In the three previous posts on the 1928 Lon Chaney film “While the City Sleeps,” we took a brief look at the production history and the plot, the critical reaction (mostly mixed) and the curious condition of the print, which is missing fairly substantial portions of the film and has nitrate damage.
In this post, we will examine the film’s use of Los Angeles City Hall, which was dedicated April 26, 1928, a little more than a month before shooting began on “While the City Sleeps.” I hesitate to say that this is the first use of City Hall in a motion picture (one never knows what crazy movie people were doing in the crazy ‘20s), but it must be one of the earliest.
This is going to be a breakdown of the film sequence. Then we’ll go back and look for locations.
Warning: Spoilers ahead.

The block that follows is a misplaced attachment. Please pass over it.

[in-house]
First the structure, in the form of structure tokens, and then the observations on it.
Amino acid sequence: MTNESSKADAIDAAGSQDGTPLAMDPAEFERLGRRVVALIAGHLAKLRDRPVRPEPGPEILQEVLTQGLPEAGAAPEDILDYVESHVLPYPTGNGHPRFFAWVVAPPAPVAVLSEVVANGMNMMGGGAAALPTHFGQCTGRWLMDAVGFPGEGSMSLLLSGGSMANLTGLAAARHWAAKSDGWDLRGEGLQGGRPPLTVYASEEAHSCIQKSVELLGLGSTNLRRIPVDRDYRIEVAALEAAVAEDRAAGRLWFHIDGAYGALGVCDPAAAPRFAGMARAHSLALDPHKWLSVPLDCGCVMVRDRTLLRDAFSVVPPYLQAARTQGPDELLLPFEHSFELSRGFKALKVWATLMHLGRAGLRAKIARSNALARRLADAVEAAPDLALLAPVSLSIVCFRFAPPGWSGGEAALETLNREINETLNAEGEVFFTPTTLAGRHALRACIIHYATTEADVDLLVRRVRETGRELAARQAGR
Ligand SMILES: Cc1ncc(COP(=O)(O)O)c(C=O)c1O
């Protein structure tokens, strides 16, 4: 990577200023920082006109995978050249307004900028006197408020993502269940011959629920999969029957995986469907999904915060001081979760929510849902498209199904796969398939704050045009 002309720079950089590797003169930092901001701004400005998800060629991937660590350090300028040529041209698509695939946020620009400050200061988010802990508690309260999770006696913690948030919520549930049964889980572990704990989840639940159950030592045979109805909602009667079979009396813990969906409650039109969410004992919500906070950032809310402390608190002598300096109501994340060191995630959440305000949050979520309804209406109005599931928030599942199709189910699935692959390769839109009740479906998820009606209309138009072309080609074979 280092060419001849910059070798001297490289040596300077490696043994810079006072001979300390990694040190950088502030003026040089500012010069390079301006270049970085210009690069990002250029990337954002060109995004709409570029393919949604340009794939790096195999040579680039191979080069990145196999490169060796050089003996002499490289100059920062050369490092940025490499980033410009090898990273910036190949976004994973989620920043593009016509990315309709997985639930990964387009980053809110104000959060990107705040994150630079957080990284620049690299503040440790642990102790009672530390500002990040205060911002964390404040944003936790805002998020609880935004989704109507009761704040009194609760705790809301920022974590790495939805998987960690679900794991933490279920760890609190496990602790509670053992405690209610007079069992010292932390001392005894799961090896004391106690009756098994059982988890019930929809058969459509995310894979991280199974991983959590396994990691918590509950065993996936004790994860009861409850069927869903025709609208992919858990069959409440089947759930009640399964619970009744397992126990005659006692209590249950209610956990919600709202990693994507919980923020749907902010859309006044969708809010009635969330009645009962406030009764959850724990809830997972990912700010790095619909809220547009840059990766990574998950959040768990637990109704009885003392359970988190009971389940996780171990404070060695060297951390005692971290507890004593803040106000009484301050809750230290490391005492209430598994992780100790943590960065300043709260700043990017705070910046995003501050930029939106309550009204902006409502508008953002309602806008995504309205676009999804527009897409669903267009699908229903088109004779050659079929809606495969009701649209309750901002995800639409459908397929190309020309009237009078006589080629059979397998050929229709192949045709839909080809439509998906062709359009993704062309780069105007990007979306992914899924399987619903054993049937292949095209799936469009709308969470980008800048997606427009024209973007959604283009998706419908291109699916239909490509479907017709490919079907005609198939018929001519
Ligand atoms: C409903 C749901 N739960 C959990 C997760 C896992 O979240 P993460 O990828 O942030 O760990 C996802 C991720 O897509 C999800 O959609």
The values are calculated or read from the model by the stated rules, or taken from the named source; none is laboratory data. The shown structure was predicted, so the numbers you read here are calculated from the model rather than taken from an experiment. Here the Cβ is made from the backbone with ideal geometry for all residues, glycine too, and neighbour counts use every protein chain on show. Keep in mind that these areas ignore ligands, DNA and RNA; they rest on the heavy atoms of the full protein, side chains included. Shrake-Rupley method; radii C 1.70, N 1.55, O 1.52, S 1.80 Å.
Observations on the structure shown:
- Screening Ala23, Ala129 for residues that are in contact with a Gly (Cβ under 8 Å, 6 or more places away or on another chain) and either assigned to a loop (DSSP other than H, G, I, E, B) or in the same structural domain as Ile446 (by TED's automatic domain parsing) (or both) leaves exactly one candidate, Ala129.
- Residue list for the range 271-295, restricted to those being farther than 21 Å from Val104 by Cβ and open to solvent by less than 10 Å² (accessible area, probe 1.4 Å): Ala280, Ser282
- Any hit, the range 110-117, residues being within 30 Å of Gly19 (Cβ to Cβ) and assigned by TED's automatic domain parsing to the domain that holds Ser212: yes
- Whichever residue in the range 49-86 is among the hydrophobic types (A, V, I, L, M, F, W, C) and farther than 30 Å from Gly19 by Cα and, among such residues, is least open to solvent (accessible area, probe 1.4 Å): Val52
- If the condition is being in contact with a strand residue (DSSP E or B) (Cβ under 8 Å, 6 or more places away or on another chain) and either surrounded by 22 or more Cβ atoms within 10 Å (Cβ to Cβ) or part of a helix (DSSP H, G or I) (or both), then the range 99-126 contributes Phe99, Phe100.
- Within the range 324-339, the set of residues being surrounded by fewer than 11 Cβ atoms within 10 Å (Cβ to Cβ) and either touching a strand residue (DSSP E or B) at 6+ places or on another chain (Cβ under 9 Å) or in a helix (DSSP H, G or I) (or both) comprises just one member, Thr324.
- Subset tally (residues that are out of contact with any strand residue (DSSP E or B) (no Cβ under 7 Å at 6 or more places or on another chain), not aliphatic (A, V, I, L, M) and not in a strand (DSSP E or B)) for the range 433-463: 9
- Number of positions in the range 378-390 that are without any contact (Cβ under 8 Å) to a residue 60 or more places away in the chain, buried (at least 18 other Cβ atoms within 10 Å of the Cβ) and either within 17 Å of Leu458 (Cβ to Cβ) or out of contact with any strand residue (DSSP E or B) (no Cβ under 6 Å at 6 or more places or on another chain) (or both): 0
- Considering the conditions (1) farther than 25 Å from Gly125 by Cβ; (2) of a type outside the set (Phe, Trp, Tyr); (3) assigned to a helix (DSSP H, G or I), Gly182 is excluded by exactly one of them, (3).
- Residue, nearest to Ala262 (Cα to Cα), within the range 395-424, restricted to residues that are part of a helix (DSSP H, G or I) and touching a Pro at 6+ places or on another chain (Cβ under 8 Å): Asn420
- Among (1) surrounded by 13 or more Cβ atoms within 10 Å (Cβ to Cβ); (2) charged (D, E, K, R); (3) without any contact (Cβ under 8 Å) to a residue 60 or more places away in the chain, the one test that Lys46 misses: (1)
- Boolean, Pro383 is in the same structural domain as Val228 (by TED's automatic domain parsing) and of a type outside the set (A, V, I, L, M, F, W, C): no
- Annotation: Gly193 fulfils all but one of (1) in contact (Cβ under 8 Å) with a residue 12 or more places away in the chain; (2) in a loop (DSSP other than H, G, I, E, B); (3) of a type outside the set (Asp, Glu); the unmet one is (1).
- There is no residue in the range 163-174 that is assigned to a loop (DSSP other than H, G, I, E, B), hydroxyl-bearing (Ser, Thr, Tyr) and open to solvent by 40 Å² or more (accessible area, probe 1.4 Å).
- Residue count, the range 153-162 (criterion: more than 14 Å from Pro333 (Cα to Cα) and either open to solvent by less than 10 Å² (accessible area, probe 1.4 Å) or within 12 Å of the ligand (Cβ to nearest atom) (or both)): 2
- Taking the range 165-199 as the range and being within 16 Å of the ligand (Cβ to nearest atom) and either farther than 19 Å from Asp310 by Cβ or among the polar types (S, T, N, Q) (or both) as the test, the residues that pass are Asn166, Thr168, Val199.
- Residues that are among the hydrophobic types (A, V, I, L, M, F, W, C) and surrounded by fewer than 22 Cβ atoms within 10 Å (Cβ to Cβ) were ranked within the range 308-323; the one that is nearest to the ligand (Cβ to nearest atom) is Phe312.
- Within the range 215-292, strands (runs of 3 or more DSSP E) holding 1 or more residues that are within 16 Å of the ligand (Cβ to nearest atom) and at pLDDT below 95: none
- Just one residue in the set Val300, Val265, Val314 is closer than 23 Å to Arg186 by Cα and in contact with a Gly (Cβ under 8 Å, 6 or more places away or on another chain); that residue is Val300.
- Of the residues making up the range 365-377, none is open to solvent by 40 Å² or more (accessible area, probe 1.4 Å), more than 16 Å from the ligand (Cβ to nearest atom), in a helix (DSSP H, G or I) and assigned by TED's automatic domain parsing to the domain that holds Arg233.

The film opens with establishing shots of New York.
At the 52-minute mark in this print of “While the City Sleeps,” Lon Chaney, as New York Police Det. Dan Coghlan, is pursuing crime ring leader Mile-Away Skeeter Carlson (Wheeler Oakman). Coghlan enters a building, goes up the stairs and…
climbs a ladder to the roof.
Coghlan enters on the roof of a building on the Main Street side of City Hall. Notice the Scribners sign. We’ll come back to that later.
Coghlan goes under the clothesline seen in the foreground and the film cuts to this scene.
Notice the Scribners sign again.
End of first sequence.
There’s a gun battle between police and the gang, who are trapped in an attic. Then at the 58-minute mark, Mile-Away knocks a hole through a brick wall and climbs out. Obviously, this is a set.
He gets on the roof of the building.
And takes cover.
Coghlan enters, in a different camera setup, and City Hall is again in the background.
Mile-Away shoots at Coghlan.
Coghlan shoots back and runs.
Mile-Away fires again.
Coghlan edges up until he has a clear shot at Mile-Away while taking cover behind a chimney.
Mile-Away shoots. There’s more shooting.
Finally, Mile-Away looks around.
He makes a break….
And Coghlan shoots him.
Coghlan rolls over Mile-Away’s body with his foot. Notice the Harper & Reynolds sign. We’ll come back to that later.
End of sequence.
To be continued.